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J Clin Virol. 2003 Apr;26(3):331-8.

Clinical assessment of a generic DNA amplification assay for the identification of respiratory adenovirus infections.

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Regional Virus Laboratory, Kelvin Laboratories, Royal Victoria Hospital, Grosvenor Road, Belfast, BT 12 6BA, UK.



respiratory adenoviruses are common, often resulting in serious sporadic and epidemic infections and impaired immunity can dramatically increase their severity. They are now thought capable of establishing latency. Diagnosis by culture is slow while direct antigen detection by immunofluorescence lacks sensitivity. Molecular diagnosis can be both rapid and sensitive but the genetic heterogeneity of adenoviruses poses problems.


to design a generic adenovirus nested polymerase chain amplification assay designed to be capable of detecting all respiratory adenoviruses. This was achieved through optimised thermal cycling and the development of a generic degenerate primer set targeting the adenovirus hexon gene.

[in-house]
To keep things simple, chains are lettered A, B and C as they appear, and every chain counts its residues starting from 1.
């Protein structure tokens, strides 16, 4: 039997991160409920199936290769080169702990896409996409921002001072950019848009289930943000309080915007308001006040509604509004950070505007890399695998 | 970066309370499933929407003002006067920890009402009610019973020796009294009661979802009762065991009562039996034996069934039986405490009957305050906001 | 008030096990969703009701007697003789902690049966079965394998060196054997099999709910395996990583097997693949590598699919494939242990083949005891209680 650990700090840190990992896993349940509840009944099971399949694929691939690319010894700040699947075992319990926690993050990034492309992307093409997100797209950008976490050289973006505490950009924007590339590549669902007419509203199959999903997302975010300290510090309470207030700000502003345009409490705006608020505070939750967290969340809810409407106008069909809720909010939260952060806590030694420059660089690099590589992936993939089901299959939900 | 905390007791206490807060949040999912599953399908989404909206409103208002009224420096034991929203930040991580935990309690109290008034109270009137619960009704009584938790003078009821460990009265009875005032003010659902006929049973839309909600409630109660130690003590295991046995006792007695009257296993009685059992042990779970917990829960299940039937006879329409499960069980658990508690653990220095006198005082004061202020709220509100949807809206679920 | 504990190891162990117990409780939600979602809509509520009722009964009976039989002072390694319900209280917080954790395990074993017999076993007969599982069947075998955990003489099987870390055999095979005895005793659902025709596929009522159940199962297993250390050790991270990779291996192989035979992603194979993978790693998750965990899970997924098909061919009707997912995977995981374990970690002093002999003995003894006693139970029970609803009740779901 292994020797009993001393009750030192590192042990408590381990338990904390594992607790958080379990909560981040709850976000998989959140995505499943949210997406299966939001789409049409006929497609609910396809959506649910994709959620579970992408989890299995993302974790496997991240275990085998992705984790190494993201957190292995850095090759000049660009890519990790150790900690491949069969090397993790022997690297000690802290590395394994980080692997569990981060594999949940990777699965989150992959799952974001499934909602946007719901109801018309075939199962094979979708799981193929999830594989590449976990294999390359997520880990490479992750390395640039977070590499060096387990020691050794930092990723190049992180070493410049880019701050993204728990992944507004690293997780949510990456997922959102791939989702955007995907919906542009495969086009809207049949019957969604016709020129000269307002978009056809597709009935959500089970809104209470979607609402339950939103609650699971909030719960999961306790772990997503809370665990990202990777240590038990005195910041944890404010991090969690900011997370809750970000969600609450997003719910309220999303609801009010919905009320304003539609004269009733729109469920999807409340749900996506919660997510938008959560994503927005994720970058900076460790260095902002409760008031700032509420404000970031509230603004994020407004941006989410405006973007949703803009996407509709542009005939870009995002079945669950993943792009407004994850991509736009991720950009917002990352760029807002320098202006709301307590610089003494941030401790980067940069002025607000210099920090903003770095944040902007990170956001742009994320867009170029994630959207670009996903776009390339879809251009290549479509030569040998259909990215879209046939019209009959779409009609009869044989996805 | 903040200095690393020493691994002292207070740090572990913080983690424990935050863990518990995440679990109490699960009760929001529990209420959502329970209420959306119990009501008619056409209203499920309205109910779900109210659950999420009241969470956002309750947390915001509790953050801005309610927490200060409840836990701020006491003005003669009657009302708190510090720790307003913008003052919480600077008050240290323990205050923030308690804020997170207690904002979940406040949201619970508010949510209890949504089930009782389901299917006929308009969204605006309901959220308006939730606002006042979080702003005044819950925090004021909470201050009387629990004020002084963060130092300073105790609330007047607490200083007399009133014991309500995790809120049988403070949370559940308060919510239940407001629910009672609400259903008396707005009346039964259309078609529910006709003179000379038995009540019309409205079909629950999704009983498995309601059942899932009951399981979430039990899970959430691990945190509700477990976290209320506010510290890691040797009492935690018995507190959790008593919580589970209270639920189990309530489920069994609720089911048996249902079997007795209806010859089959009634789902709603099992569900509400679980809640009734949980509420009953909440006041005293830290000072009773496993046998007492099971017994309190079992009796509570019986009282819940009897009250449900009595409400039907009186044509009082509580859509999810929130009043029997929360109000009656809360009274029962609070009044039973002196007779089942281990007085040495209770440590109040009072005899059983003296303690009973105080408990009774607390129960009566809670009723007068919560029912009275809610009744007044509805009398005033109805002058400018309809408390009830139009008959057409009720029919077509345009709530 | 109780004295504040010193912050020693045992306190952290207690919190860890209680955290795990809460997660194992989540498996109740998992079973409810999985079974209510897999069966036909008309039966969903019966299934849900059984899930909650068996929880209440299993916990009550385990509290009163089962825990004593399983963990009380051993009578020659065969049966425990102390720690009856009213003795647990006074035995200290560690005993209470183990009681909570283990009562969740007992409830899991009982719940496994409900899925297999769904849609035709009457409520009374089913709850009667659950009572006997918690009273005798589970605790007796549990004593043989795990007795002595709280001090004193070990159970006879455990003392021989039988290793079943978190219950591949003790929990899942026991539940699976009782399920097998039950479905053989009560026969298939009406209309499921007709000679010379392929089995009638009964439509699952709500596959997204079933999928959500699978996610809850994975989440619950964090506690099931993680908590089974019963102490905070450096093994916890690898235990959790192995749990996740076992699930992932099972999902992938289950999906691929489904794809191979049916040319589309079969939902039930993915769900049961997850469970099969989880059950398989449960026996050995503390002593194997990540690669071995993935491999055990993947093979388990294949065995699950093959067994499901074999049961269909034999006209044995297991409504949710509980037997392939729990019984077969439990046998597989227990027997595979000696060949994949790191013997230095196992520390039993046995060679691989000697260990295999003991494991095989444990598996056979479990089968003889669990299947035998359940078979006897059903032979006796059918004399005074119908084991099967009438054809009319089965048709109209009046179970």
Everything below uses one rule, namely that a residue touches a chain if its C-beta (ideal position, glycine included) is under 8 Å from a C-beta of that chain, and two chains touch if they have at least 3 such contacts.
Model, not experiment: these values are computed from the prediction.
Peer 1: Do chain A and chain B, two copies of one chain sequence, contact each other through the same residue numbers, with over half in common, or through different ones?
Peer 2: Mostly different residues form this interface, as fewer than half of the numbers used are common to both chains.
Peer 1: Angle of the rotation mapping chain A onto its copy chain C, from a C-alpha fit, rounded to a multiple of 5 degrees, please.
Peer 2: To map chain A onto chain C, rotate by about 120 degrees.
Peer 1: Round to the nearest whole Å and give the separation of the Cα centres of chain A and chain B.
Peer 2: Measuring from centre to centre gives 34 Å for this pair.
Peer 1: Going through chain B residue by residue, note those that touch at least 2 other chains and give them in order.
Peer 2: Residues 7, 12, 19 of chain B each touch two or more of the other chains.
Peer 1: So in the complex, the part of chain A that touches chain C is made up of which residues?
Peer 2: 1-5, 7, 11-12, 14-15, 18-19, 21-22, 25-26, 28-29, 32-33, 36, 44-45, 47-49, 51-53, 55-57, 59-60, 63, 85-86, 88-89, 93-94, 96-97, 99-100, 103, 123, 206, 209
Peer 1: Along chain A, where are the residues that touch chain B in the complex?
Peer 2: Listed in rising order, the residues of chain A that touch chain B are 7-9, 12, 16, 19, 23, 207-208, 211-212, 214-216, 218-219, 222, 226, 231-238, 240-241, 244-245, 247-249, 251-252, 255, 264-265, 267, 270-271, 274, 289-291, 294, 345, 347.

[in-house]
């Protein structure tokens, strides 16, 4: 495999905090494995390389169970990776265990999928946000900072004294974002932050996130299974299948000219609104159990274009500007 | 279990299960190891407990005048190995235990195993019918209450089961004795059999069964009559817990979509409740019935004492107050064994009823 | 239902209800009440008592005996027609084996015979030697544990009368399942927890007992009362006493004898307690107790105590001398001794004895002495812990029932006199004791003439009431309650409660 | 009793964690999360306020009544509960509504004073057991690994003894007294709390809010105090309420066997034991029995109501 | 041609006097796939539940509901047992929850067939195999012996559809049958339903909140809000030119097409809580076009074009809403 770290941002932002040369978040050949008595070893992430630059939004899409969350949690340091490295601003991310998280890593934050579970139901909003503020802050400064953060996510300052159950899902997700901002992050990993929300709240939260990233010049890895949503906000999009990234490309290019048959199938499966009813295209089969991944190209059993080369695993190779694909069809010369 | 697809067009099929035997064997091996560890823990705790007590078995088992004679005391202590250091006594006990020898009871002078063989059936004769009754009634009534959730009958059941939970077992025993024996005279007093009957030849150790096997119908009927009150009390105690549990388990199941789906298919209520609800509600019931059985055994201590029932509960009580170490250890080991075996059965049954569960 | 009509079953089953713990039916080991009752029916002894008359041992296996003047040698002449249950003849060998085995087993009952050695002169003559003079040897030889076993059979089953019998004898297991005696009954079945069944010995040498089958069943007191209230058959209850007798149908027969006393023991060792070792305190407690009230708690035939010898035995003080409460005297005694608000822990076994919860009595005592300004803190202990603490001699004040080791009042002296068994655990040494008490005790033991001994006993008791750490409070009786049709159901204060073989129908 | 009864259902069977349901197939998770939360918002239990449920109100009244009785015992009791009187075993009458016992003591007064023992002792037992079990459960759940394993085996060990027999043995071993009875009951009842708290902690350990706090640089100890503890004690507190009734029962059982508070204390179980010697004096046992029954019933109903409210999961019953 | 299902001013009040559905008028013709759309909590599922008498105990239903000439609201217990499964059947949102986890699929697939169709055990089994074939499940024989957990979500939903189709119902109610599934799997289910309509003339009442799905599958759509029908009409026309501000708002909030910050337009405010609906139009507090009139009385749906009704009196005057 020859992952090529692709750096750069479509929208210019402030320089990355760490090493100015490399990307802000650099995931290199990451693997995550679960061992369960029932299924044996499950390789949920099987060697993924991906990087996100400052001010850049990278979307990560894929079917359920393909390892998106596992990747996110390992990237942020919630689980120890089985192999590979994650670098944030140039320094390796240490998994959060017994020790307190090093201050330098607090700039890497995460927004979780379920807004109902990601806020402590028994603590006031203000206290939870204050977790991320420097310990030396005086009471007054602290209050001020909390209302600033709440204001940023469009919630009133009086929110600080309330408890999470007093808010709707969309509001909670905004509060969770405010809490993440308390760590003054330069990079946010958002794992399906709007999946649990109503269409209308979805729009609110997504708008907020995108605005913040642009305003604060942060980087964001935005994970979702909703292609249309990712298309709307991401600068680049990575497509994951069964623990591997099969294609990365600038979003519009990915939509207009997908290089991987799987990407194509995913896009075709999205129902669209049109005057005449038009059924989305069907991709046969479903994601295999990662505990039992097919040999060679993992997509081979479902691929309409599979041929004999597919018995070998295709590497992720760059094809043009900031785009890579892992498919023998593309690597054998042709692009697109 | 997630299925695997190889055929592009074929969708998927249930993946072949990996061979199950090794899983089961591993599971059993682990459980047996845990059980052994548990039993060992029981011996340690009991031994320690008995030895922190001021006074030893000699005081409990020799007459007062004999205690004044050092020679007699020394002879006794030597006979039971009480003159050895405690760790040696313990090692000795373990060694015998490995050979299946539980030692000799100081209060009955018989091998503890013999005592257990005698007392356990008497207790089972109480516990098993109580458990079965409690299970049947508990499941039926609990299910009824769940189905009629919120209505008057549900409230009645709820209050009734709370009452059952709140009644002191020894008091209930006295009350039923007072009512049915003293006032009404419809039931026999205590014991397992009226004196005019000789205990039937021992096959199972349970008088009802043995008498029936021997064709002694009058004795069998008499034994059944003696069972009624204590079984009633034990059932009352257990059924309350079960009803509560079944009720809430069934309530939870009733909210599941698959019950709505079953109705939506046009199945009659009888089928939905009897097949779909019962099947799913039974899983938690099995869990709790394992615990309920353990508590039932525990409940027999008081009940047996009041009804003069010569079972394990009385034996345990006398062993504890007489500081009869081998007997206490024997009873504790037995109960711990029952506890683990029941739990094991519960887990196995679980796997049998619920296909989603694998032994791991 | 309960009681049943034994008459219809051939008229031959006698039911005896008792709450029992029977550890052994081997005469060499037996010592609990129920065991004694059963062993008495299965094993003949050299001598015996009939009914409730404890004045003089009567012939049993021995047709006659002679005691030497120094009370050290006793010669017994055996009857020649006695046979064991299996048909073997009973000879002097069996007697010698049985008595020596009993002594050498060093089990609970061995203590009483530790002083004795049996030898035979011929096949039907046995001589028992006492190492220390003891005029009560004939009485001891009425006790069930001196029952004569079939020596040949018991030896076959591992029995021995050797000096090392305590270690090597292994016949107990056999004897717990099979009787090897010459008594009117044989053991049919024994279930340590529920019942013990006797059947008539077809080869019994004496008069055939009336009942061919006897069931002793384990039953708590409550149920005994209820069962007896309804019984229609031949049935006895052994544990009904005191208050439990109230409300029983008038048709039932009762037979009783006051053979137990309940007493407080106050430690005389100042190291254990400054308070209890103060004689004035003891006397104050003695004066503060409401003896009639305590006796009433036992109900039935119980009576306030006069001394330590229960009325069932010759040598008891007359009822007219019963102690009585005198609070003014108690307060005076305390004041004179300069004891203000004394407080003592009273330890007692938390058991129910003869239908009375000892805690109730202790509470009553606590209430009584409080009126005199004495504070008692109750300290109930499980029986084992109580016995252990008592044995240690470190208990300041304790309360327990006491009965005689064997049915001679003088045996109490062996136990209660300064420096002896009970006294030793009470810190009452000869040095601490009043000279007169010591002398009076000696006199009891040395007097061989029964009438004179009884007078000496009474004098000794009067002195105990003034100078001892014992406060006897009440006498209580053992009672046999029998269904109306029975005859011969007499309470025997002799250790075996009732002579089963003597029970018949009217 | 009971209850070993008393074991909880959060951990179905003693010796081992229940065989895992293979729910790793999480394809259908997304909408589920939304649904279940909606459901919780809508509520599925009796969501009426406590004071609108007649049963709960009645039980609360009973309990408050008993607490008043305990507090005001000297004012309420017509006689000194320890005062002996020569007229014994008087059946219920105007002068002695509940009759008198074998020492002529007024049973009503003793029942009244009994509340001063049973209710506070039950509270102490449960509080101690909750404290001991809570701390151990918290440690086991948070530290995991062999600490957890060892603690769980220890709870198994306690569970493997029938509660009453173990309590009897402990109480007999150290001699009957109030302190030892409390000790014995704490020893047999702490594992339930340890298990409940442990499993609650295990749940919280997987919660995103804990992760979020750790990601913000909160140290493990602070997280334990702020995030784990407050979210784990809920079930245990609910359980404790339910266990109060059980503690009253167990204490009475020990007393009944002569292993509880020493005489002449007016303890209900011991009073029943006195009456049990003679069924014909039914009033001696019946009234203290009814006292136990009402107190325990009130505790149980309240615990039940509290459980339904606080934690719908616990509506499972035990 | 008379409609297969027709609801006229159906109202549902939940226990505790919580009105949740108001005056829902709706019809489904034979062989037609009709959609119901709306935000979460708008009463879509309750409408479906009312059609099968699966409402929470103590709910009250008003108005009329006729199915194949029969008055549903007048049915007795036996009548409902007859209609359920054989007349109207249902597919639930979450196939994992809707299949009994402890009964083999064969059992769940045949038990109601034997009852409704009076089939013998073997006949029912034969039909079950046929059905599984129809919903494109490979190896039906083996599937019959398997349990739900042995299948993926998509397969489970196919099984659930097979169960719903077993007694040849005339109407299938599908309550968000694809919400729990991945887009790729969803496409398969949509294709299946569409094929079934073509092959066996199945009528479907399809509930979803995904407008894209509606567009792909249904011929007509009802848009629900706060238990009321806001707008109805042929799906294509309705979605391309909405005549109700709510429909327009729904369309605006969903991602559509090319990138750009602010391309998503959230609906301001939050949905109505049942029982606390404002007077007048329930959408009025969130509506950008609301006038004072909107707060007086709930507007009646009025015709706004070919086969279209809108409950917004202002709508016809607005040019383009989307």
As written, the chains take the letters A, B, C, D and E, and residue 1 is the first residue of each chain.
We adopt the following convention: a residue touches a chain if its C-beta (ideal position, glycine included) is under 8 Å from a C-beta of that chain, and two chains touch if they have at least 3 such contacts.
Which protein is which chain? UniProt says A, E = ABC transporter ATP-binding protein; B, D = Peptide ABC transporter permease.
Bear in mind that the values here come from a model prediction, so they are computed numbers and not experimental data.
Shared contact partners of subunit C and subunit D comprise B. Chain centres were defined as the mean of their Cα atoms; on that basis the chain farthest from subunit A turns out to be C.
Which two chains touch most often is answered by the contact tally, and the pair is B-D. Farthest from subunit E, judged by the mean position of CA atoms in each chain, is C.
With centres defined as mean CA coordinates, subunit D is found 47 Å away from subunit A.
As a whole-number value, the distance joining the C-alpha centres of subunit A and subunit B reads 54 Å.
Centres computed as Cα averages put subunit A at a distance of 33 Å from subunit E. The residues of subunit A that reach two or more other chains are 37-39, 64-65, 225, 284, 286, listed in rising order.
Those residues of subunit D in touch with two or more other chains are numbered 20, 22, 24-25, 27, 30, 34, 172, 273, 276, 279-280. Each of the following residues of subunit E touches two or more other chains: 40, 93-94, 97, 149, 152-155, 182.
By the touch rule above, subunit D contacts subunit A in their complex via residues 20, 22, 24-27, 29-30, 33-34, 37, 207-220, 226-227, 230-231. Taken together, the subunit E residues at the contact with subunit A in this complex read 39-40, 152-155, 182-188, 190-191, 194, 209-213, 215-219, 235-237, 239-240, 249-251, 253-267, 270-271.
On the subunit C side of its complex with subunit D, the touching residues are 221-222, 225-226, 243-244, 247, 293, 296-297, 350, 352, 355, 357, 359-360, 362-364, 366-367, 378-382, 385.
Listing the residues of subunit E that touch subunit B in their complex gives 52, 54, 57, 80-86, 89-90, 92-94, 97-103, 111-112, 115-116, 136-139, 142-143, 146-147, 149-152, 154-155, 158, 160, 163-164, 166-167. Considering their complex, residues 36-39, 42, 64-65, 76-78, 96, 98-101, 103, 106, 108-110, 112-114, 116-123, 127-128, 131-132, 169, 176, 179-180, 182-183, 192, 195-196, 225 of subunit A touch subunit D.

this was a cross-sectional study on 172 respiratory specimens from hospital-based patients, and one from a general practice, in Northern Ireland. A comparison was made between the amplification assay, virus culture and immunofluorescence.


the nested polymerase chain reaction (nPCR) assay had a generic capacity for adenovirus detection and an analytical sensitivity of 6.4x10(2) copies/ml. Using an expanded gold standard (defined as a true positive or a true negative where a specimen was positive or negative by at least two of the study assays, respectively), PCR had a clinical sensitivity and specificity of 46/46 (100%) and 15/126 (91.3%), respectively. Patients with acute respiratory adenovirus infections were more likely to be male (chi(2), p=0.005) and to present with a fever (chi(2), p=0.02) than patients diagnosed with another respiratory virus. Co-infection was identified in 12/172 patients.


the nested amplification assay proved highly sensitive in both the analytical and clinical settings for the detection of respiratory adenovirus infections.

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